An immunisation authority spokesperson says extending the vaccine rollout to 12-15 year olds will help protect the wider community.
Cabinet has agreed to make the Pfizer vaccine available for 12-15 year olds from today.
This after Medsafe, following the lead of many of their overseas counterparts, gave it a provisional thumbs-up in June.
So, do parents have anything to worry about, over and above the usual concerns for anybody getting a jab? And how necessary is it for this group to be done now?
Dr Nikki Turner from the Immunisation Advisory Centre told Morning Report young people need to be vaccinated as the delta variant has seen an increase in infections in that age bracket around the world.
"This is the new delta virus it is so much more transmissable in younger people than previous ones so numbers of young people around the world getting sick have escalated so that really changes the face of it."
"They still don't get as severely sick as older people but what's happened with the delta variant is more people are getting sick so more of the younger population in all countries with delta variant are seeing large numbers of younger people.
"The more (young) people you see there will be a small proportion of them who end up in hospital so we are seeing more sick young people just in a numbers game."
Turner said while it is important to protect younger people with pre-exisiting health conditions the decision to rollout the vaccine to this younger age bracket will help protect people of all ages from the virus.
"Obviously there are some young people with severe medical conditions but we do worry and want to vaccinate all of our younger people and there are groups that are at higher risk.
"Vaccine doesn't stop the spread of the virus but it does definitely reduce the spread so firstly for the protection of our young people but also to support our whole community this is a good move," she said.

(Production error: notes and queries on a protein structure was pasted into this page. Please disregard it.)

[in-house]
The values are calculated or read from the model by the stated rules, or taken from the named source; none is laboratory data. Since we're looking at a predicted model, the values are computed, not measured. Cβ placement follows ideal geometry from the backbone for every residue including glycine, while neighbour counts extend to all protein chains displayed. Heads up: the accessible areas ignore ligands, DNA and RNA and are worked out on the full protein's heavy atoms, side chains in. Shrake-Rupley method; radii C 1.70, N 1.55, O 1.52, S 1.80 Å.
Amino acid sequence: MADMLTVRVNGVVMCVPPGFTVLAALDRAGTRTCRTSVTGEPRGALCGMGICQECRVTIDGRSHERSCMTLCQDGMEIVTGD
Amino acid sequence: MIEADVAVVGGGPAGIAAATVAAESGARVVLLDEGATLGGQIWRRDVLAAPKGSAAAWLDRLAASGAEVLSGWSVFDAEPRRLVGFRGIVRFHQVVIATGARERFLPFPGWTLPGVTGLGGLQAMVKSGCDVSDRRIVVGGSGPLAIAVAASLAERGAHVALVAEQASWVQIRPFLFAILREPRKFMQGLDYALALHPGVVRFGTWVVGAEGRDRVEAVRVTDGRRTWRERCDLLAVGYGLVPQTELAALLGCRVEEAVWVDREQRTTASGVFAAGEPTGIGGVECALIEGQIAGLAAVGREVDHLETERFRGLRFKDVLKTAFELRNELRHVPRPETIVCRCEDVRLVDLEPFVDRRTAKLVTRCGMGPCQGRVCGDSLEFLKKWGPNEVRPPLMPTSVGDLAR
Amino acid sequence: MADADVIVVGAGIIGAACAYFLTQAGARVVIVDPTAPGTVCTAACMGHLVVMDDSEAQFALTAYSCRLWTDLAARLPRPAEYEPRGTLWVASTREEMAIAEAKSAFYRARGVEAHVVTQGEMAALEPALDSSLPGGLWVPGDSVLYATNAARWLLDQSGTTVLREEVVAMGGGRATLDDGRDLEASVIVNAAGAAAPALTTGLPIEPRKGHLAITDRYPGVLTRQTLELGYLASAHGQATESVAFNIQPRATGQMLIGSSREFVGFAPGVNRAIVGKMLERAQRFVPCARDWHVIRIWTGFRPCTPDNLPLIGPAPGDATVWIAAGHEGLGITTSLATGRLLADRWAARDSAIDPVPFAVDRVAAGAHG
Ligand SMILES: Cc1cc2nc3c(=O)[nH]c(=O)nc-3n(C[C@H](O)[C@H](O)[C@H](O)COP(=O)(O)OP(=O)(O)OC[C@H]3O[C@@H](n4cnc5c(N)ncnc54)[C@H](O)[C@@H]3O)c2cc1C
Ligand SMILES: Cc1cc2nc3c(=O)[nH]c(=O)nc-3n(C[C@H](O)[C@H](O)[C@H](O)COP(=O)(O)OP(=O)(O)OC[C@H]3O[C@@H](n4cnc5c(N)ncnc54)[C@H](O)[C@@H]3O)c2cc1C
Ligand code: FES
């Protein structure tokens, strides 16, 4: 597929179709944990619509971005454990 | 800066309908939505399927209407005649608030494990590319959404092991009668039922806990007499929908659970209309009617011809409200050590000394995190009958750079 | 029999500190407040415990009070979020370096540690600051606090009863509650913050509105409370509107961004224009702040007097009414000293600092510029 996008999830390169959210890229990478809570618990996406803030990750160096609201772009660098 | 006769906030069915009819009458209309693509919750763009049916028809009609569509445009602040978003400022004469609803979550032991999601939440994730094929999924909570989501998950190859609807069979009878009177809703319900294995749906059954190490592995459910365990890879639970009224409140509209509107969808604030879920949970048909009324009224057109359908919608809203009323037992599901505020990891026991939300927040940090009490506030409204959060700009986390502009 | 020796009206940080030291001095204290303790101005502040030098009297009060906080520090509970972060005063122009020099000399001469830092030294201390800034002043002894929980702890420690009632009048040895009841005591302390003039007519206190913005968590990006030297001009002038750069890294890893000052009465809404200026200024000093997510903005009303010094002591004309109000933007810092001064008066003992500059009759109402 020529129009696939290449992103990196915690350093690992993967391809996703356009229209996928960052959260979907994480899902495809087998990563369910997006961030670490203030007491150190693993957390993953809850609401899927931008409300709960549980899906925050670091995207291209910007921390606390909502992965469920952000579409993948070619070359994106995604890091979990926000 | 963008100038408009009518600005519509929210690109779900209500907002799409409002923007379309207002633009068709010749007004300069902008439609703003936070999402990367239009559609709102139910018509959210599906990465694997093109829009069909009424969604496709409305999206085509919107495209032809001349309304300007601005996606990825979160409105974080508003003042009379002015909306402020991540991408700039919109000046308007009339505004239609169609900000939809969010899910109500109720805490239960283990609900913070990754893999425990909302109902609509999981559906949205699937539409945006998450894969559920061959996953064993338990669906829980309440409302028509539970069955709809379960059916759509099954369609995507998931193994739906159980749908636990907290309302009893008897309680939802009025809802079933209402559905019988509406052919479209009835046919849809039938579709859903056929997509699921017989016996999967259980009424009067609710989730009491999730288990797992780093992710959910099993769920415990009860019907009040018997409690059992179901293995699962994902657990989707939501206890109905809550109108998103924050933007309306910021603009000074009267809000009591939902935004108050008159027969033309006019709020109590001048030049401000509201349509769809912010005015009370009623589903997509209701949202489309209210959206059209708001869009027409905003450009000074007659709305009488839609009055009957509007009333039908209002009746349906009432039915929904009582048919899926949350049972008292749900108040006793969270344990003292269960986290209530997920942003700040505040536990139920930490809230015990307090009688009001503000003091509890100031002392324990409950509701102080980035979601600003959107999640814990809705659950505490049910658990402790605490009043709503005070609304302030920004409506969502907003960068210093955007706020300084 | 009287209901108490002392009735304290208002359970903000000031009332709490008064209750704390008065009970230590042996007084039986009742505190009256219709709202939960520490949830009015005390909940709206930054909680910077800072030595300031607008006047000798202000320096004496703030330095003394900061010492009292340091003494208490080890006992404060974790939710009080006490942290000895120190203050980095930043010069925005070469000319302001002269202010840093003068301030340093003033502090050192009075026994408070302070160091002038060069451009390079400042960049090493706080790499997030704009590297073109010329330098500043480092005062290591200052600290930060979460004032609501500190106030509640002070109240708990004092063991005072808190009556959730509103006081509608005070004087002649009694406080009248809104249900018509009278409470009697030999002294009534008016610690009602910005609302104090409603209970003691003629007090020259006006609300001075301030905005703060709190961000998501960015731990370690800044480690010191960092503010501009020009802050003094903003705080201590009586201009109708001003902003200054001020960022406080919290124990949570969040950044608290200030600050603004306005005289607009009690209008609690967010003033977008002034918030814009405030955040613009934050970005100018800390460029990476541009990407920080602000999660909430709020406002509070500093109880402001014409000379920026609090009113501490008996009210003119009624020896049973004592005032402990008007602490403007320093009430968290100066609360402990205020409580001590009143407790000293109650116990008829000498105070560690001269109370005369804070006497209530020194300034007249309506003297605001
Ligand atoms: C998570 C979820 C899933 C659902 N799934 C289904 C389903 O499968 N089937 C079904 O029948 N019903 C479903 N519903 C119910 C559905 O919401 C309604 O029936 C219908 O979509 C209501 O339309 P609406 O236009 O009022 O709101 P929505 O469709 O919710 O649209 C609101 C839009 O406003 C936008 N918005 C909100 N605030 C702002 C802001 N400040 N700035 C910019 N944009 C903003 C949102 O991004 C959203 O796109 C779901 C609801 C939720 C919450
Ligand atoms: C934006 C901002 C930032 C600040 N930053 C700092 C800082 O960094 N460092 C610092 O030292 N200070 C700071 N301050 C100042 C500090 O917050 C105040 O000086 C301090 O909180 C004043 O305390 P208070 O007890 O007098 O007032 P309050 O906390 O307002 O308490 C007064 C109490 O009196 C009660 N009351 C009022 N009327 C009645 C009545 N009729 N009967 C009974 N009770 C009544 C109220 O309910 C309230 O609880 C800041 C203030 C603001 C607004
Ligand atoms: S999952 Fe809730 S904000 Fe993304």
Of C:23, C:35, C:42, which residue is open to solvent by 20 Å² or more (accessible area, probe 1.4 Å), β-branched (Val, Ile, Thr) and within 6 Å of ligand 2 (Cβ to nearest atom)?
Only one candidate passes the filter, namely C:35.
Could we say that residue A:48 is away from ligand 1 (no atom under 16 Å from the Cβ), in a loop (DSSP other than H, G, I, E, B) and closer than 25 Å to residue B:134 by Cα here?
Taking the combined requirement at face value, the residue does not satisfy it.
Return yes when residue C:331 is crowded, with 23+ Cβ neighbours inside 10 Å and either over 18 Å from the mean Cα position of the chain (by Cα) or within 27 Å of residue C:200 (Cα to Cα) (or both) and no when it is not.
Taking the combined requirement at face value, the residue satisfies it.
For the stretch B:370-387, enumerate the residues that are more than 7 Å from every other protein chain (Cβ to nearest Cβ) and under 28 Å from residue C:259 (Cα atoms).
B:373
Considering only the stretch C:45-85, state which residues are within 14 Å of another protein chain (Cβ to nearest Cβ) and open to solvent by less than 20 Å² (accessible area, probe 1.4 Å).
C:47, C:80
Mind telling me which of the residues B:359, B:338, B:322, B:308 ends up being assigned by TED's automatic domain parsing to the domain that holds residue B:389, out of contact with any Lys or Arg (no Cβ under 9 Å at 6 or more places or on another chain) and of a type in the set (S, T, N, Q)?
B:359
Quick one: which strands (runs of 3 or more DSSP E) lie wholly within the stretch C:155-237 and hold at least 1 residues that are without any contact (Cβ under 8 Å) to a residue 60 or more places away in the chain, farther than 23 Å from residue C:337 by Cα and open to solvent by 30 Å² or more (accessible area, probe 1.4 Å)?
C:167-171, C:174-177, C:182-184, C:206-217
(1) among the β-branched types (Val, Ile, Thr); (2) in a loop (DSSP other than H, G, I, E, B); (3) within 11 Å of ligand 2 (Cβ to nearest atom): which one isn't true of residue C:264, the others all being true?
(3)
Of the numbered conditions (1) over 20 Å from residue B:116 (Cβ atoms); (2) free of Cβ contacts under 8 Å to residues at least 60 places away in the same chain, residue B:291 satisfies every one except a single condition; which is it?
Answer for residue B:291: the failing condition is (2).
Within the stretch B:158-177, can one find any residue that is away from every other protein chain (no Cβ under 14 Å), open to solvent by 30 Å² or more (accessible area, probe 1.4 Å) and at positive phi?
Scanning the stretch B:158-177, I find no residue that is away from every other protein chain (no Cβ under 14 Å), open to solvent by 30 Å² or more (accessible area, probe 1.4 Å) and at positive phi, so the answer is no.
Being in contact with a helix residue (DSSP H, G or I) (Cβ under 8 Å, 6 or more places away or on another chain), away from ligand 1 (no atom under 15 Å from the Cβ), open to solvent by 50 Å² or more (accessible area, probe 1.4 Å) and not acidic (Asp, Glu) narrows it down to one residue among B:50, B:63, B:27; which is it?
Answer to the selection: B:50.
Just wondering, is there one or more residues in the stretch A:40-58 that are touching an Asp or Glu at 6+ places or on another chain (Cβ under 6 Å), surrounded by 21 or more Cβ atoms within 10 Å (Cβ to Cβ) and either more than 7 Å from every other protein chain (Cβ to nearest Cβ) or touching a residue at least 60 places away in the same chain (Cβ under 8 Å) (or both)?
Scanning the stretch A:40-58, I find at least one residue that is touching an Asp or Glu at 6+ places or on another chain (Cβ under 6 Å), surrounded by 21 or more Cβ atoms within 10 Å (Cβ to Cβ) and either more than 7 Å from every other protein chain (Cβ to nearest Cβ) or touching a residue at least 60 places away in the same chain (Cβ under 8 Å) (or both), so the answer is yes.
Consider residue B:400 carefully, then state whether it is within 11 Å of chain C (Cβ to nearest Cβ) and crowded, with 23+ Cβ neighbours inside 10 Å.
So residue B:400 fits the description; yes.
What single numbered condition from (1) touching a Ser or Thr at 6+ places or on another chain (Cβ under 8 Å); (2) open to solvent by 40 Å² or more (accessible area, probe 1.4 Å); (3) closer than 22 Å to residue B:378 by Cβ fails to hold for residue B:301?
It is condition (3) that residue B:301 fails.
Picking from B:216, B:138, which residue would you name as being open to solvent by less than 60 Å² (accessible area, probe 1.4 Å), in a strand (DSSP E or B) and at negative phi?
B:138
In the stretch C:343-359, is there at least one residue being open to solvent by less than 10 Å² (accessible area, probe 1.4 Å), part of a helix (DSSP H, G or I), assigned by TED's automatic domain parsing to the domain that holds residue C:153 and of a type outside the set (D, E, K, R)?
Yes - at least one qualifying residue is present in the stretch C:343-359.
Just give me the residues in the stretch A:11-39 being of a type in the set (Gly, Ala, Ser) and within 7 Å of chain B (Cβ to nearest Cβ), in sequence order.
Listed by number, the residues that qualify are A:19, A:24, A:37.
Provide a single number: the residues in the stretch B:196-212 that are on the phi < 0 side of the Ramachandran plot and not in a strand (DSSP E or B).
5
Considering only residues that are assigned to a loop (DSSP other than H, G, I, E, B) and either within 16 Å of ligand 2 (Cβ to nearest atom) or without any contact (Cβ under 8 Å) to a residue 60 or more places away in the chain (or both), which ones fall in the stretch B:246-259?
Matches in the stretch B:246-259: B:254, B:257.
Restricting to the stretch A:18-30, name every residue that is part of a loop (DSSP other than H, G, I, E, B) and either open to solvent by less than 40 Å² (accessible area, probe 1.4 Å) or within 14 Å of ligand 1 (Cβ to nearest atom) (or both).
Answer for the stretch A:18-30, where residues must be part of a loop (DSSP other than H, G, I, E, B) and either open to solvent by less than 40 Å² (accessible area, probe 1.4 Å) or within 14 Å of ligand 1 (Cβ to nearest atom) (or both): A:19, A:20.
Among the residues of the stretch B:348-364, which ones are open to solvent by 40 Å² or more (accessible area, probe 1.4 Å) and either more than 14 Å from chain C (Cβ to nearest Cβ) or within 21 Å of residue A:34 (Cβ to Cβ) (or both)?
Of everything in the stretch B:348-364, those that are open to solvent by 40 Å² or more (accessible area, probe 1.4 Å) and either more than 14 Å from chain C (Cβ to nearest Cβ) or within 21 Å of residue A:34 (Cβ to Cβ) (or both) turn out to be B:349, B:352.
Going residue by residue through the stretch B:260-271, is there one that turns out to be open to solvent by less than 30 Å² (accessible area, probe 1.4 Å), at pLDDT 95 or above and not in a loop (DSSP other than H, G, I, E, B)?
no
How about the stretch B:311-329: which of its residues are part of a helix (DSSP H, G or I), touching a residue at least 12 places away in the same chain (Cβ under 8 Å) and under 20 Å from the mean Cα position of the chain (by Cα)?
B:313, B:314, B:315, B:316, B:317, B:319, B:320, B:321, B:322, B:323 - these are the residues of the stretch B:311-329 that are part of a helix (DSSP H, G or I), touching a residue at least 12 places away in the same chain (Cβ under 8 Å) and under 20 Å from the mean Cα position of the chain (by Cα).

Turner said parents can reassure their children that the vaccine is safe and health authorities have done extensive research to ensure this.
"New Zealand authorities authorise vaccines after they're sure of the science both on its effectiveness and its safety, that this vaccine for 12-15-year-old people is acting very similiar to those aged 16-years and above."
Turner said it's important to keep in mind that many people have a fear of needles and parents should talk with their children to support them through this before the vaccination process.
The side-effects of the vaccine will not differ for younger people compared to other age groups, Turner said.
"The side effects are looking the same as in the wider cohort so the common side-effects are the same we're already seeing with sore arms, muscle aches, feverish tiredness.
"Then the very rare side effects as we know of is severe anaphylaxis, a very rare potential event a thing called myocarditis and these things are seen in the other age groups they're not seen more in this age group."
Although Turner admits the current vaccination system will not be able to reach enough people in the 12-15-year-old age bracket, she said school-based vaccination programmes are not on the cards as of yet.
"It won't get the reach we need, it's great to be able to take younger people and get the whole whanau vaccinated together that's a really positive move to try and protect the whole family.
"In terms of absolute numbers still we are focusing on the older age groups we're not expecting to run school-based programmes this year they take a lot of energy a lot of effort from the health services."
Turner does not expect to see school-based vaccination programmes come into play until next year, she hopes they will have received the scientific data by then that would allow them to vaccinate even younger children.
Immunologist Graham Le Gros said having New Zealand's young people vaccinated is vital protection for them, and their elders.
"It's these kids who meet their Grandparents and older people who are very vulnerable to the virus so having them vaccinated puts a ring of immune protection around our most vulnerable members.
"The sooner we can get these kids who are very active and move around the country a lot... we get them vaccinated it becomes a zone of protection, really important for our community."
Le Gros said with the Delta strain in the country, now's the time to get young people vaccinated.
"It's significant enough you don't want your teenage kids getting this virus we don't know where long covid actually is going to end up with some of these kids and some kids really don't do well.
"You don't want this virus so get a vaccine really it's much better than getting the infection."